For the first time in seven years, India is about to ban sugar exports.

As a result of low cane yields due to a lack of rain, India is anticipated to forbid mills from exporting sugar starting in the upcoming season in October, suspending shipments for the first time in seven years. India’s exit from the global market would probably push up benchmark prices in New York and London, which are currently trading at multi-year highs, raising concerns about future food market inflation.

After allowing mills to sell a record 11.1 million tonnes of sugar the previous season, India only allowed them to export 6.1 million tonnes of sugar during the current season through September 30. To reduce export shipments of sugar, India added a 20% tax in 2016.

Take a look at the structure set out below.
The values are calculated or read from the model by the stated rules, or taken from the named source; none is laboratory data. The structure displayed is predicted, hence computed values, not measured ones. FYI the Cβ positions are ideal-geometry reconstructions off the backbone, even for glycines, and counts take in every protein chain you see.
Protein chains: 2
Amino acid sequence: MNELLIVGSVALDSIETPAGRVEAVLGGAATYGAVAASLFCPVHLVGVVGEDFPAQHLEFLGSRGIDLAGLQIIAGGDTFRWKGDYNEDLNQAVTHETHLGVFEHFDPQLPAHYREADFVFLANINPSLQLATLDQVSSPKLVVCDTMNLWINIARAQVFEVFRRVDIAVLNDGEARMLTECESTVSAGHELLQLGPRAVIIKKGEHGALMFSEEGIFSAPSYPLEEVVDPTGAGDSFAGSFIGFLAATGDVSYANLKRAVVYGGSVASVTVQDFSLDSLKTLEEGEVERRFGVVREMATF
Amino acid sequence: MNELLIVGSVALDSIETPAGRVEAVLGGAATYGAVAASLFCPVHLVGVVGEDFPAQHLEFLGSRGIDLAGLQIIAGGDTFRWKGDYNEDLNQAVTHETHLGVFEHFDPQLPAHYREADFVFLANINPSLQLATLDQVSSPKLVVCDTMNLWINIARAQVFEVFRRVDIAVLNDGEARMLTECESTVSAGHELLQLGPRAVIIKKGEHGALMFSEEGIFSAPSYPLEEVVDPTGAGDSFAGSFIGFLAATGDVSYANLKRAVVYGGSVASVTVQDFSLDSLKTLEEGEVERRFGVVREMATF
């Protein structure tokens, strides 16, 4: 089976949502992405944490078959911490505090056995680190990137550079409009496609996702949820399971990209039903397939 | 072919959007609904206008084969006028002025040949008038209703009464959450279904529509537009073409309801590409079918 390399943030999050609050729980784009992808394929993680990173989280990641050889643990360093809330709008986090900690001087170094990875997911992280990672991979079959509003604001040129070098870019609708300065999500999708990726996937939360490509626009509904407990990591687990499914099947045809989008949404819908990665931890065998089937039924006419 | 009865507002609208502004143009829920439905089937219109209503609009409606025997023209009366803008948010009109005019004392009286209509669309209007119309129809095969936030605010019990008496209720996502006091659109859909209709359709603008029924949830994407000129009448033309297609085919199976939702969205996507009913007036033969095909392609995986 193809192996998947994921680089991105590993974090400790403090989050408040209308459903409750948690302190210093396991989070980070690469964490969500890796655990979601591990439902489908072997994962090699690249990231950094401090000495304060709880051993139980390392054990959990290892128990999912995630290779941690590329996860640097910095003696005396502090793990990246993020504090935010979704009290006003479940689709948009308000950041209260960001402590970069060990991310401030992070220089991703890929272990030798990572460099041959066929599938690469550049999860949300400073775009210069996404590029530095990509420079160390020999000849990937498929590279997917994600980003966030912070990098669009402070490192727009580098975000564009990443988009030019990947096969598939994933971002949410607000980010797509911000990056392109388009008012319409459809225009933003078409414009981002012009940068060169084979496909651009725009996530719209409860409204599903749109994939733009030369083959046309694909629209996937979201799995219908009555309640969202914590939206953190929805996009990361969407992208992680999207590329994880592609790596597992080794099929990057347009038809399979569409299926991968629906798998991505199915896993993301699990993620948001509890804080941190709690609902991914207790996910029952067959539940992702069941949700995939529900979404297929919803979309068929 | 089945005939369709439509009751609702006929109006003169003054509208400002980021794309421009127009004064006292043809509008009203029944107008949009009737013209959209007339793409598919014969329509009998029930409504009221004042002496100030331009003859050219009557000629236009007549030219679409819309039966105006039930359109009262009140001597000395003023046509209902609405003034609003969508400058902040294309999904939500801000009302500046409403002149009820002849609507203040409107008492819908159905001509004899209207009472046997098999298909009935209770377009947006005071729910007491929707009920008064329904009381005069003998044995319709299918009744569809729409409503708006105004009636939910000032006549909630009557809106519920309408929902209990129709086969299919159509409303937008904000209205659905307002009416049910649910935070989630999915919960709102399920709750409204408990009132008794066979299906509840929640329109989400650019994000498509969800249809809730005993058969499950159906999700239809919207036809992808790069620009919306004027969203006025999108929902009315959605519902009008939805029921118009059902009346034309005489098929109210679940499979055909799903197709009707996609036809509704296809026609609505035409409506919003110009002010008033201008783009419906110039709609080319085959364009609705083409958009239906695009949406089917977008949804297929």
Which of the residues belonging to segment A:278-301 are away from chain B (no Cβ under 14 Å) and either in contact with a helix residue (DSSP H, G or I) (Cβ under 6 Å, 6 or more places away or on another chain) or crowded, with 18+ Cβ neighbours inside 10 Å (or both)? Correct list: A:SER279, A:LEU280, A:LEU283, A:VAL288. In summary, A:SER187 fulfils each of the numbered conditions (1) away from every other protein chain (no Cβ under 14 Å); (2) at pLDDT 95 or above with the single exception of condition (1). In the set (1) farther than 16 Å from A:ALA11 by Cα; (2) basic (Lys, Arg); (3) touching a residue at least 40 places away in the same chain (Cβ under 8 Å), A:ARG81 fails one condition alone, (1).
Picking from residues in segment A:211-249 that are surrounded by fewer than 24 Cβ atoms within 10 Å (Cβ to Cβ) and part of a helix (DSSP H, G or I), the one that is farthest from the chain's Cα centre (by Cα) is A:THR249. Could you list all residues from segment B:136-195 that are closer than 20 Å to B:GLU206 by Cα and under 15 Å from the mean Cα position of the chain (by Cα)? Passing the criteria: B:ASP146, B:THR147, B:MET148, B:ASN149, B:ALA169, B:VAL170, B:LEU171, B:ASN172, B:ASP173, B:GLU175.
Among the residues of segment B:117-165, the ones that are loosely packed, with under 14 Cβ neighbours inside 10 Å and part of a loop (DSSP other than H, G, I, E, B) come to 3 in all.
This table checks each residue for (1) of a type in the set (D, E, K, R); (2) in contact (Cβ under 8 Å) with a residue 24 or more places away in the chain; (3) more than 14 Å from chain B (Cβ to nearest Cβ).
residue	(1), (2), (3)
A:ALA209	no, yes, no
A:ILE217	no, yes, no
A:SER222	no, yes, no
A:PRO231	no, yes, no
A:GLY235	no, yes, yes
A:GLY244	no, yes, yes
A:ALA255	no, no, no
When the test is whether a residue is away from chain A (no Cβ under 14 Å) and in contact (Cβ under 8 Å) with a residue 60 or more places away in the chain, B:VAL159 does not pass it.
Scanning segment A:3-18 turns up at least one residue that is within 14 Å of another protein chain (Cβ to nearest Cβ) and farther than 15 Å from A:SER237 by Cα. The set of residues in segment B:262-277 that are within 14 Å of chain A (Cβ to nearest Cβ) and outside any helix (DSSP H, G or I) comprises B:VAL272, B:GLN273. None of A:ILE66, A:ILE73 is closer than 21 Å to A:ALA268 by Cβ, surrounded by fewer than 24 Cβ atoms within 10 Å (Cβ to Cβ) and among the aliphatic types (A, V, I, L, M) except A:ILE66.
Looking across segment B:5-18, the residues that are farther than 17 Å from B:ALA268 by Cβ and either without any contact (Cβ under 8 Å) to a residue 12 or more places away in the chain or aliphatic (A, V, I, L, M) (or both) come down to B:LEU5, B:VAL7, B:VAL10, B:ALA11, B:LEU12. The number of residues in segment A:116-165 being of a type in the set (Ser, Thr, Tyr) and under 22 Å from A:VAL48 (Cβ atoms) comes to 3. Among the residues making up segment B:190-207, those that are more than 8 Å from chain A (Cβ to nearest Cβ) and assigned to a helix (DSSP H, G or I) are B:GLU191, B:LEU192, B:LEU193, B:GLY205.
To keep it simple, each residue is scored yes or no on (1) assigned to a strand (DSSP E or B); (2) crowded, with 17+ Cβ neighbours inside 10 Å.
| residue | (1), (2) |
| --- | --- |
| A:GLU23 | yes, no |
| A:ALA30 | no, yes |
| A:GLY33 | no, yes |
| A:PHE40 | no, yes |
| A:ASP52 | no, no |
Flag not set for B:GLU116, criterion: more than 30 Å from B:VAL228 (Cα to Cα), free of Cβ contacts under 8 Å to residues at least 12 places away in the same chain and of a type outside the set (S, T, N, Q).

According to weather department data, monsoon rainfall in the major cane-growing regions of the western state of Maharashtra and the southern state of Karnataka, which together produce more than half of all the sugar produced in India, have been up to 50% below average so far this year.

Since nearly two years, local sugar prices have increased this week, prompting the government to enable mills to sell an additional 200,000 tonnes in August. Retail inflation in India increased to 7.44% in July, a 15-month high, and food inflation to 11.5%, the highest level in more than three years. In the 2023–2024 season, India’s sugar output could drop 3.3% to 31.7 million tonnes.

Last month, India startled customers by forbidding the export of non-basmati white rice. In an effort to lower food prices in advance of the state elections later this year, New Delhi also placed a 40% levy on onion exports last week.

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